Matthew: In addition to a full course load, Matthew also works part time as a waiter. But unlike his parents, Matthew is more interested in global news and information. He is always on the go and finds that he can get more personalized, in-depth and up-to-date news and content on his smartphone, rather than on television. He doesn't understand why his parents, who are online frequently, wouldn't want to do the same.

  • Andrew and Mary: Enjoy local newscast, it is part of their routine - for them it is the best way to get a perspective on the day's events.
  • Matthew: Student who works part-time and is interested in global news and information which he gets personalized, in-depth and up-to-date on his smartphone.
(%) Andrew and Mary
Panel Public Public (weighted)
Andrew and Mary 71% 51% 57%
(%) Matthew
Panel Public Public (weighted)
Matthew 29% 49% 43%

There is a very large difference between how a representative sample of Canadians (panel) and the self-selected public sample views local news. Participants in the public process were less likely to take the position that local news is important (51%).

The weighting of the public results narrows the difference between the panel and public result from 20 points (71-51) to 14 points.

  • Men and women in the panel survey do not differ as much as in the public where men are dramatically more likely to chose Matthew’s position.
  • In the panel group, young people slightly favour Matthew but in the public group this difference is large.

Pick and Pay Options

Q. Considering their situations and perspectives, and your own television habits, which one of these three options would you choose and why?

(%) Pick a pack
Panel Public Public (weighted)
Pick a pack 53% 36% 46%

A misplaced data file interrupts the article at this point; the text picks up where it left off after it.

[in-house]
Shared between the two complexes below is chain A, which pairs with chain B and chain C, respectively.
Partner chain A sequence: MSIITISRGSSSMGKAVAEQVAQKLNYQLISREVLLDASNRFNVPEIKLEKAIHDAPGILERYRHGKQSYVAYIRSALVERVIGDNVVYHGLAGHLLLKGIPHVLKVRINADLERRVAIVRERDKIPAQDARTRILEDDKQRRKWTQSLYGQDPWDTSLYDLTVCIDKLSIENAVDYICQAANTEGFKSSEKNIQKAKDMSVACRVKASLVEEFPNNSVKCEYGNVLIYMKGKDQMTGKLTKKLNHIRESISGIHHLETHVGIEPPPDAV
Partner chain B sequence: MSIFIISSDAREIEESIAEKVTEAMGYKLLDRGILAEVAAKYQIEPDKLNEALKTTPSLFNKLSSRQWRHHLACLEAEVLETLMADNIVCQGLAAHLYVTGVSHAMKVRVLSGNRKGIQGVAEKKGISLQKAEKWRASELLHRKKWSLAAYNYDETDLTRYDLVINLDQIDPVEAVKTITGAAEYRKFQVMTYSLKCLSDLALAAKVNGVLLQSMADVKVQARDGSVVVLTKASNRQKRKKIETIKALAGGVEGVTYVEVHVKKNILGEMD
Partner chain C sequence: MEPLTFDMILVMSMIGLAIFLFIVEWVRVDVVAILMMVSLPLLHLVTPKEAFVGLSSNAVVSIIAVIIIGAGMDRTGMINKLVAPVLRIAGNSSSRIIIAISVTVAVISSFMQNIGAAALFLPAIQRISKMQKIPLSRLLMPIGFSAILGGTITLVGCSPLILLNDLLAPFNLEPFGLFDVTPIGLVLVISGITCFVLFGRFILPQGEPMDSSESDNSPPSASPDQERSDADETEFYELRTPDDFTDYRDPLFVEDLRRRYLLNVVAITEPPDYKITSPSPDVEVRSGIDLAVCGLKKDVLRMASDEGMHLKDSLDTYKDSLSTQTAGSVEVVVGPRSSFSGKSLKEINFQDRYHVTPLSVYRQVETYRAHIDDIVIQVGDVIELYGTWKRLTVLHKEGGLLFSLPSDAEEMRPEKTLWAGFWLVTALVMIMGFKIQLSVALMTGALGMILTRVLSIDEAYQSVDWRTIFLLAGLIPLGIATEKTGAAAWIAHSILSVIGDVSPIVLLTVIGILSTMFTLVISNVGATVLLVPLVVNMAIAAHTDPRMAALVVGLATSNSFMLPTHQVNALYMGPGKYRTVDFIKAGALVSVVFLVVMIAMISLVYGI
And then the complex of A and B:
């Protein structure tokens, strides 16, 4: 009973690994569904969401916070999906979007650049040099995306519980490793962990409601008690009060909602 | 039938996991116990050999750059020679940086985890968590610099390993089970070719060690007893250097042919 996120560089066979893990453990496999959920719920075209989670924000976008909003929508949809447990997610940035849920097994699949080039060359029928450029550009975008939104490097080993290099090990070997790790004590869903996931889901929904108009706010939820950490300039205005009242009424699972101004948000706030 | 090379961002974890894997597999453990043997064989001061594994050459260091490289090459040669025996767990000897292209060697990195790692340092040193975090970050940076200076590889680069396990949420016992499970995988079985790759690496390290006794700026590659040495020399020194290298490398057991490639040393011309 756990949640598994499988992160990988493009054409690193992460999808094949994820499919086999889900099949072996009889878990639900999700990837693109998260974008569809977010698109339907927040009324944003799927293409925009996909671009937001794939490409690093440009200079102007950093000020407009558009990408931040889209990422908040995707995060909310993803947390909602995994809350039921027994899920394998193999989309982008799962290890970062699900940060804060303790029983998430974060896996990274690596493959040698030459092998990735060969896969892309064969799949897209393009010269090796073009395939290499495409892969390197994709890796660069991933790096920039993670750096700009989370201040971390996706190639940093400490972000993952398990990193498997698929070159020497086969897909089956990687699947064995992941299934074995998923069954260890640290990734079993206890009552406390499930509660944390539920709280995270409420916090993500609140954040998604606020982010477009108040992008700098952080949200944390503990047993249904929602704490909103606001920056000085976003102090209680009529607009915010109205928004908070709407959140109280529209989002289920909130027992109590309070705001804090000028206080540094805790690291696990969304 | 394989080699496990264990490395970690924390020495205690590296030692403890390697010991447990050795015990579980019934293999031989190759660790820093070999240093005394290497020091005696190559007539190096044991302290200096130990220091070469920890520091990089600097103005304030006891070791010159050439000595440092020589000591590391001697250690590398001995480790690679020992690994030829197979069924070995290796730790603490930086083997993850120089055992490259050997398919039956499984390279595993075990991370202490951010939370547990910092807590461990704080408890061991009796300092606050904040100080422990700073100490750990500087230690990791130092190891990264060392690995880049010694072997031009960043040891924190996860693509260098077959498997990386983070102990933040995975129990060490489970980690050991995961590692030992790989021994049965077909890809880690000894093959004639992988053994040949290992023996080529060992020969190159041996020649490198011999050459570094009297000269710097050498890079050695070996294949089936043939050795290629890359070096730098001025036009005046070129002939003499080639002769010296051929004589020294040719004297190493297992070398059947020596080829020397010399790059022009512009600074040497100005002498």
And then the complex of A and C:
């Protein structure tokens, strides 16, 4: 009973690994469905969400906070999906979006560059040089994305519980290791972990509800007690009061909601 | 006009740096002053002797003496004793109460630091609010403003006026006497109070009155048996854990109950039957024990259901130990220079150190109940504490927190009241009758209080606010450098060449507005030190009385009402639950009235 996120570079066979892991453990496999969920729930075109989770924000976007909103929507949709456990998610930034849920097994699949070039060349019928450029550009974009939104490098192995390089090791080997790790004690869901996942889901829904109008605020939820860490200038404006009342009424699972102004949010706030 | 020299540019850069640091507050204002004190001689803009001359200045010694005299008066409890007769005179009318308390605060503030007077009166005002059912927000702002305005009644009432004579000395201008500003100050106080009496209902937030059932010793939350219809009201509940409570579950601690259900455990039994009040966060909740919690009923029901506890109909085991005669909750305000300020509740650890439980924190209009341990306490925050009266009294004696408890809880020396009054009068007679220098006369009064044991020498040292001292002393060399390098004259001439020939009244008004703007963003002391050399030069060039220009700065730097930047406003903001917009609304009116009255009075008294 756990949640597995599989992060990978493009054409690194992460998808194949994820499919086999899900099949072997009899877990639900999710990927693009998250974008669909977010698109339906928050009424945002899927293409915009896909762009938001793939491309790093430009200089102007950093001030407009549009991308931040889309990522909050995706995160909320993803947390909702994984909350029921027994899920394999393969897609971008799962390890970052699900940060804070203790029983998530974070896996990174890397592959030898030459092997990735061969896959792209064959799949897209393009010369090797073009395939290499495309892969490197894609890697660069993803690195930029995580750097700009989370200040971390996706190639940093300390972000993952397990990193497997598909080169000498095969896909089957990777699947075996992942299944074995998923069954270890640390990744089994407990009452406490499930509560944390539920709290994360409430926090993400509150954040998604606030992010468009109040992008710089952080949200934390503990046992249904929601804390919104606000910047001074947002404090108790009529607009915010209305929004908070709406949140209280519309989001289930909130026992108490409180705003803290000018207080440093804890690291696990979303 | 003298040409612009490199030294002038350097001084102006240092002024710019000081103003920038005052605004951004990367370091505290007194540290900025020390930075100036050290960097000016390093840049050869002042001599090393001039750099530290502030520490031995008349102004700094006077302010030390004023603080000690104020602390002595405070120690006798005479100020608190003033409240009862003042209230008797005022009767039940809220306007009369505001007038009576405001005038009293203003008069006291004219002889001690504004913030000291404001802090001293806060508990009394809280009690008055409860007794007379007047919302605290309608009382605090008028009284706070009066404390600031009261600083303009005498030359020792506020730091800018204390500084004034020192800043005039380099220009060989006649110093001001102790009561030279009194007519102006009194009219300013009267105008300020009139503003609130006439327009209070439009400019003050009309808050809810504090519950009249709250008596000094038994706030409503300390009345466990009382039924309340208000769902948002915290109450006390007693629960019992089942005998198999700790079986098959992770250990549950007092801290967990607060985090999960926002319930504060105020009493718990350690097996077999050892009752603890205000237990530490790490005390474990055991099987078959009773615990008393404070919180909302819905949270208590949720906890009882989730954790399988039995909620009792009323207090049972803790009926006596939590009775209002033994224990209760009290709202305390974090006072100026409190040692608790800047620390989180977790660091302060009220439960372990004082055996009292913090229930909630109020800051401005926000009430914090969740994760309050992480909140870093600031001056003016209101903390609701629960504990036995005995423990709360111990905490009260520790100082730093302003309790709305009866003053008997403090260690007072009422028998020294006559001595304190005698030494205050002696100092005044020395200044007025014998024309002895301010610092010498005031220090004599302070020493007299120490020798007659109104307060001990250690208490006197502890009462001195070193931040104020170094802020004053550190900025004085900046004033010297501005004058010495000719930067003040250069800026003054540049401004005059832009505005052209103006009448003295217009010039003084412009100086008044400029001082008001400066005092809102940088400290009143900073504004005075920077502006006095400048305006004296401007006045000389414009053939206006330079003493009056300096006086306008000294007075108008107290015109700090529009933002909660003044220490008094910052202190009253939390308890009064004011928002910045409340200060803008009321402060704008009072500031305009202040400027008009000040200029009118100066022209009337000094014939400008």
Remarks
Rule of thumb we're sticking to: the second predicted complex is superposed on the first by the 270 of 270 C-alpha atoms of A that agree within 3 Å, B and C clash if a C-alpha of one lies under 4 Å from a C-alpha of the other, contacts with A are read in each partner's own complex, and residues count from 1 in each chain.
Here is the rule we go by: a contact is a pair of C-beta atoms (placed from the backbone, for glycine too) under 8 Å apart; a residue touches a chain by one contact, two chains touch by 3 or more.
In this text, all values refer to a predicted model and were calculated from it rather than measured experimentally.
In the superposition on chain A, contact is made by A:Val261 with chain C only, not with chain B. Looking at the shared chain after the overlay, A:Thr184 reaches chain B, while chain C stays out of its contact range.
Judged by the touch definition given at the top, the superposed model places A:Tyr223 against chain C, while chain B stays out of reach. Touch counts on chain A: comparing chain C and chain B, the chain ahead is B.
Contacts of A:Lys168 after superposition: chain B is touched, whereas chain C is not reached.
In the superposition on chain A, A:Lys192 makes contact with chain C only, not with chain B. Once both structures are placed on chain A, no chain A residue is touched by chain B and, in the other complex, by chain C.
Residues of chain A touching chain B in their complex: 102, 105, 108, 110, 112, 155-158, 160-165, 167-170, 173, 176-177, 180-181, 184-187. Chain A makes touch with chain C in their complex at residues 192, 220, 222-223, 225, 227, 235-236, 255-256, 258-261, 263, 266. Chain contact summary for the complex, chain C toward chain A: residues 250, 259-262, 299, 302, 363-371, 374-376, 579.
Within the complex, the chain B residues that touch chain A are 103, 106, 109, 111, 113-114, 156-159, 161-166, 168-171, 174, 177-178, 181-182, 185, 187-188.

(%) Pick and pay
Panel Public Public (weighted)
Pick and pay 33% 51% 41%
(%) Large pre-assembled packages
Panel Public Public (weighted)
Large pre-assembled packages 9% 6% 7%
(%) Other
Panel Public Public (weighted)
Other 6% 7% 7%

The majority choice for the panel sample is “pick a pack” but this is not the majority choice for the public group. Instead, it prefers the “pick and pay” option.

The weighting of the public results narrows the difference substantially between the panel and public result such that the 17 point gap (53-36) for pick a pack is reduced to a 7 point gap. More than half the difference reflects demographic differences in who responded.

  • The gender differences that are large in the panel group are also evident in the public: men are more likely to choose pick and pay. It is not surprising that adjusting for gender in the weighting has an impact on the difference between the public and panel.

Sport Programming

Q. Whose views are more persuasive to you? (Choose only one)

  • Ethan, because television viewers who cannot afford to pay more, should be able to watch important sports programming.
  • Eva, because as sports broadcast rights become increasingly expensive, only those that are interested in watching should pay.
(%) Ethan
Panel Public Public (weighted)
Ethan 45% 36% 36%
(%) Eva
Panel Public Public (weighted)
Eva 55% 64% 64%

The representative panel group is more likely than the public group to choose Ethan’s view. That said, a majority of both groups chose the Eva position.

The weighting of the public results does not impact the panel public comparison. This is consistent with the small demographic differences in response within both groups.

Access to U.S. and International Programming

Q. Do you want more direct access to American channels?
Q. Do you want more direct access to International channels (non-US)?

Yes, wants more direct access to…

(%) American channels
Panel Public Public (weighted)
Yes, wants more direct access to American channels 61% 65% 61%